The Stand is my favorite novel of all time, and everytime I read it I feel like I’m returning home. Grover Gardner brings these characters that feel like family to me, alive in perfect detail. For me Grover, and not Molly Ringwold, will always be Franny. The only reason this is in the #2 spot, was that I have read this novel so many times that experiencing it again didn’t have as much of an emotional impact on me as A Gift Upon the Shore.

White Horse by Alex Adams

Read by Emily Durante

Blackstone Audio

Type of Apocalypse: Pandemic

White Horse was one of the more unique and creepy Post Apocalyptic novels I have read in a long, long time. White Horse is written with a literary flair, yet full of disturbing images and a compelling main character.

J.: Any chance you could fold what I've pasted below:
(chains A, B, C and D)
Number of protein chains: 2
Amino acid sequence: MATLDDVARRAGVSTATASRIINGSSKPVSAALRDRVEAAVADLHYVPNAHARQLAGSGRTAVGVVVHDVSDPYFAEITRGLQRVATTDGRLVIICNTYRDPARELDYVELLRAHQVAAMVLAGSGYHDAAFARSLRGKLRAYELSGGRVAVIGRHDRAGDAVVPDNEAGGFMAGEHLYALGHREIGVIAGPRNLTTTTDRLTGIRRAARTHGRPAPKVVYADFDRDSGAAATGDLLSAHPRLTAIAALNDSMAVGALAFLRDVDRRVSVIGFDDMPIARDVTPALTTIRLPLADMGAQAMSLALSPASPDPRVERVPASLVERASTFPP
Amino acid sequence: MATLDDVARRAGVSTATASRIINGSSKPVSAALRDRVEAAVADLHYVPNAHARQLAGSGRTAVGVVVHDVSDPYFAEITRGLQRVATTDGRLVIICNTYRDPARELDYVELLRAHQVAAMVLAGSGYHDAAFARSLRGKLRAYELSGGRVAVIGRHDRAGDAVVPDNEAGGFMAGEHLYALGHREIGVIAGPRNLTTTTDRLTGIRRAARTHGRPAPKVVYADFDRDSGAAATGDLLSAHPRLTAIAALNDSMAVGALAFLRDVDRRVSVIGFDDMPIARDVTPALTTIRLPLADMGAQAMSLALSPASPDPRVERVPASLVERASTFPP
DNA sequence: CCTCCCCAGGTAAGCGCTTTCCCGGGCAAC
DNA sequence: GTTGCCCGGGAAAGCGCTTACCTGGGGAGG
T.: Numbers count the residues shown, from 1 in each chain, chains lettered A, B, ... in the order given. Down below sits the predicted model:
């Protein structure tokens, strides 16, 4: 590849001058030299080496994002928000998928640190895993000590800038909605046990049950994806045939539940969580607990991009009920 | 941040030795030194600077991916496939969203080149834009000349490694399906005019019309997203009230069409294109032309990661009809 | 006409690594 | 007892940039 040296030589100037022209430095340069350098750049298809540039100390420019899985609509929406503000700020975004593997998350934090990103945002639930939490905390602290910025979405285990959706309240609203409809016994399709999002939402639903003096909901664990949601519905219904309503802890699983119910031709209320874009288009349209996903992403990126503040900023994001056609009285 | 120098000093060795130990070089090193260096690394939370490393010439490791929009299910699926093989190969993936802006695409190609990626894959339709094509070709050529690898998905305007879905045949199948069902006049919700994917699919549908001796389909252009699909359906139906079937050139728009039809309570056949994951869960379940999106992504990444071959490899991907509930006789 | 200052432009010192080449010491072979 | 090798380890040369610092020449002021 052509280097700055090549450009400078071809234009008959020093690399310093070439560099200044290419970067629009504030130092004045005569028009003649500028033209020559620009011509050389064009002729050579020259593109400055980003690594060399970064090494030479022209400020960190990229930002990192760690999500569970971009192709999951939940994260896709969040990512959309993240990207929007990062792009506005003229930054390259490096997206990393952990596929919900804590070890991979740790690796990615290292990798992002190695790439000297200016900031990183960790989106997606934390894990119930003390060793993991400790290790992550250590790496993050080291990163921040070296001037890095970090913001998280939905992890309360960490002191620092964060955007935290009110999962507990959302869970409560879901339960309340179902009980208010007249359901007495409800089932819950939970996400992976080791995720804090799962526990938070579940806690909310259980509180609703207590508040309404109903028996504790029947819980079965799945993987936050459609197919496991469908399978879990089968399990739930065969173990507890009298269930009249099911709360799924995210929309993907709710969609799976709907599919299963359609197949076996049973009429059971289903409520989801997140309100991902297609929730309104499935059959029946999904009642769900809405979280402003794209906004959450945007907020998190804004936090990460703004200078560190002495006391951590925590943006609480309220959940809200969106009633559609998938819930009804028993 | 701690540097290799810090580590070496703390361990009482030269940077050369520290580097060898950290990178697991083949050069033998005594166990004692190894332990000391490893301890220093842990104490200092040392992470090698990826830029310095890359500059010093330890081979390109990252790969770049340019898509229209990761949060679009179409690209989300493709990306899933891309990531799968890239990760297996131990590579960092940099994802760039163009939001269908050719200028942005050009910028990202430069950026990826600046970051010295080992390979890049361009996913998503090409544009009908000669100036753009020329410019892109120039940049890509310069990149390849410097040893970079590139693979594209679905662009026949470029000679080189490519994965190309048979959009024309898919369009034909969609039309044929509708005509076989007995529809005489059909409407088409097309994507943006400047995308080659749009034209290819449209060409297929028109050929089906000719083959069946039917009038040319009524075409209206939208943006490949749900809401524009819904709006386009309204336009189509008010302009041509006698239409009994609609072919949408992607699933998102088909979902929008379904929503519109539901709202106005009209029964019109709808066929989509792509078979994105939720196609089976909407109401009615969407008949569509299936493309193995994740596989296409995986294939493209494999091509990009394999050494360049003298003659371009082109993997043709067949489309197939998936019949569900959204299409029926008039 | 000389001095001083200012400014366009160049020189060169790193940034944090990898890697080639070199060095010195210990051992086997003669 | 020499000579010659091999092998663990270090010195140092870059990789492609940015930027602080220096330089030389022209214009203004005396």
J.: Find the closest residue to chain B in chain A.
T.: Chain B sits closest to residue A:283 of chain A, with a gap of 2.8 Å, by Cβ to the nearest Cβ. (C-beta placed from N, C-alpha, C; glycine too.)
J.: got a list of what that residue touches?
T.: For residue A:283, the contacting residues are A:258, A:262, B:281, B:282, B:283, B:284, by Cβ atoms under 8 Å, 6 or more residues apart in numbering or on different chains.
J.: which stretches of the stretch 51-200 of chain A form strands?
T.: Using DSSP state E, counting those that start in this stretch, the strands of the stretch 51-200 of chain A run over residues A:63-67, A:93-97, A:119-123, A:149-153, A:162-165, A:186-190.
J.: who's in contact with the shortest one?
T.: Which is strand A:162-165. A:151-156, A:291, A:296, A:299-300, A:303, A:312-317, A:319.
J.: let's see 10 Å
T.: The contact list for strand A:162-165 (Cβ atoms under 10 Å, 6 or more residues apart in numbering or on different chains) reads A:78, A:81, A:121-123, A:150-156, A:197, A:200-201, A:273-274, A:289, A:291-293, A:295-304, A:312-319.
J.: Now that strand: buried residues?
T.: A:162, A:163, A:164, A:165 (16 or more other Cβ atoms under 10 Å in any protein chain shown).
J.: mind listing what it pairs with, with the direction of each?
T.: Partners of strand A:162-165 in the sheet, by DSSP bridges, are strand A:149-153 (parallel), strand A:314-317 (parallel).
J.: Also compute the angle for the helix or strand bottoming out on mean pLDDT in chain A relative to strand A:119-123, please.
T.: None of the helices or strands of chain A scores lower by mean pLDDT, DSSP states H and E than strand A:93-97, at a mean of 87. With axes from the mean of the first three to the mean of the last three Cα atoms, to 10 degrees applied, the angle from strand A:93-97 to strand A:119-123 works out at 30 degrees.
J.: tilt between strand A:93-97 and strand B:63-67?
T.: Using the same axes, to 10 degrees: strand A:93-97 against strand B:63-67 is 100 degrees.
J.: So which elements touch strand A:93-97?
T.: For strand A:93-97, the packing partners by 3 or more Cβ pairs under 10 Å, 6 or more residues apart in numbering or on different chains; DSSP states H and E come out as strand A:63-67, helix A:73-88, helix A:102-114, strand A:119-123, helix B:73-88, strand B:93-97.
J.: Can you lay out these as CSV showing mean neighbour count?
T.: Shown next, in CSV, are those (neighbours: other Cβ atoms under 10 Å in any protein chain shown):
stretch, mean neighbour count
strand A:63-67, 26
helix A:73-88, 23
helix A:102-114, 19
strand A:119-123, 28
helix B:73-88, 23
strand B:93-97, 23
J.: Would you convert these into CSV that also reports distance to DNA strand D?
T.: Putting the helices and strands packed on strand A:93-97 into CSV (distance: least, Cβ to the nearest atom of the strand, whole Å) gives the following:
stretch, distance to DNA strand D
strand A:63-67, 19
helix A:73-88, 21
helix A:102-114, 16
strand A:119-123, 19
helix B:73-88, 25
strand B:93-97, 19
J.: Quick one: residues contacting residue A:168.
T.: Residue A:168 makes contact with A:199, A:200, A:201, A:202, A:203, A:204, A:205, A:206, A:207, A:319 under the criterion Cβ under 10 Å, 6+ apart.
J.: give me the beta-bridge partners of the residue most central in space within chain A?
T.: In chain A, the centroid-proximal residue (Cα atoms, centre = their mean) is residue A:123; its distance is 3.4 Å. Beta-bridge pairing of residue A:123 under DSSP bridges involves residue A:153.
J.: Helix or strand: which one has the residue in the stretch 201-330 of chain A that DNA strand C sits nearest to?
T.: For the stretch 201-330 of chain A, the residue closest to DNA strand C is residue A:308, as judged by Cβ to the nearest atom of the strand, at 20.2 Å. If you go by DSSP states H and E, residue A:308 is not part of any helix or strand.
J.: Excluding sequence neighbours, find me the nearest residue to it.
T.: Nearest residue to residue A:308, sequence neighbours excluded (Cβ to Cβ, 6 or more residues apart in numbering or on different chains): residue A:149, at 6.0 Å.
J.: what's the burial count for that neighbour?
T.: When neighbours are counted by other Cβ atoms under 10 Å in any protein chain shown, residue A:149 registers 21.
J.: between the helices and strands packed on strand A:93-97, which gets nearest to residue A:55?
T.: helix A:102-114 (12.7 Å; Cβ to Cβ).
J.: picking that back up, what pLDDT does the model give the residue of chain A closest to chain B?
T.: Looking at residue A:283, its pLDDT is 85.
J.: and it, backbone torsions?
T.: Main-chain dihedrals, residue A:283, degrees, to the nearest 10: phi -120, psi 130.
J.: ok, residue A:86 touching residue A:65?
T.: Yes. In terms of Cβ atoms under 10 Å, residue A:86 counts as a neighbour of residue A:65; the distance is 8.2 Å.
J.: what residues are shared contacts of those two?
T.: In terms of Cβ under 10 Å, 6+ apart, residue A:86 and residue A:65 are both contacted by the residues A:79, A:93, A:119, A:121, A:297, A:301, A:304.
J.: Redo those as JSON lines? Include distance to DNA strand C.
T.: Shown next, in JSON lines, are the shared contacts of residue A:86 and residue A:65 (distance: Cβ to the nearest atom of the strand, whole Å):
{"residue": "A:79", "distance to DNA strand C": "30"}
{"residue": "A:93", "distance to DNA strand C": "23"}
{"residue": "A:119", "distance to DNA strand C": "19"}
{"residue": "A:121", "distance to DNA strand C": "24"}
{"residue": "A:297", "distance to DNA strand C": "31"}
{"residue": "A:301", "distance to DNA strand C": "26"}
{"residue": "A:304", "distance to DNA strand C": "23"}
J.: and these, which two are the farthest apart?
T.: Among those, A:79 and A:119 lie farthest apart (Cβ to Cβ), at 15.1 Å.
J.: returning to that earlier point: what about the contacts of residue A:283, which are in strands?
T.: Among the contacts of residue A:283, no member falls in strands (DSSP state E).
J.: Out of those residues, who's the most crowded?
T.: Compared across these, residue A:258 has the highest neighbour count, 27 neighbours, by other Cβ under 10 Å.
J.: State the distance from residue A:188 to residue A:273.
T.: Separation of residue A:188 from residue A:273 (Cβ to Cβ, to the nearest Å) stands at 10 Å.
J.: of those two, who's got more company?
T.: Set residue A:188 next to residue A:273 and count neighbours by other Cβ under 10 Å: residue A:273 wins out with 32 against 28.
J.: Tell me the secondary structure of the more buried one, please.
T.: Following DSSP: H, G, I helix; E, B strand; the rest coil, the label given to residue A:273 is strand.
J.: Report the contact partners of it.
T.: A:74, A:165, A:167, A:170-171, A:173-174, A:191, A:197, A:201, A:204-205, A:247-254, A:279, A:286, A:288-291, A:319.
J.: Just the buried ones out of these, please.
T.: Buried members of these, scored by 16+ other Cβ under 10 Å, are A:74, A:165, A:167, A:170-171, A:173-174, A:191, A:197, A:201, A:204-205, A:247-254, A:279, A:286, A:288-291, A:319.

Wool Omnibus Edition by Hugh Howey

Read by Minnie Goode

Broad Reach Publishing

Type of Apocalypse: Unspecified, possibly Chemical/Biological/Environmental

Wool was one of a handful of ACX, independently produced audiobooks that found its way onto my MP3 and into my brain, and I am quite glad it did. A near future apocalypse about people who live inside an underground bunker, protected from the toxic air outside. The world Howey creates is vivid and troubling, just the way a Post Apocalyptic world should be.

The Testament of Jessie Lamb by Jane Rogers

Read by Fiona Hardingham

Blackstone Audio

Type of Apocalypse: Infertility/Dystopia

The Testament of Jessie Lamb often left me troubled and disturbed. With it’s frustrating main character and complicated issues, even now I’m not totally sure what I think about the scenarios found within this novel. Yet, that I’m still thinking and struggling with it says something about this novel. Also, the narration is pitch perfect.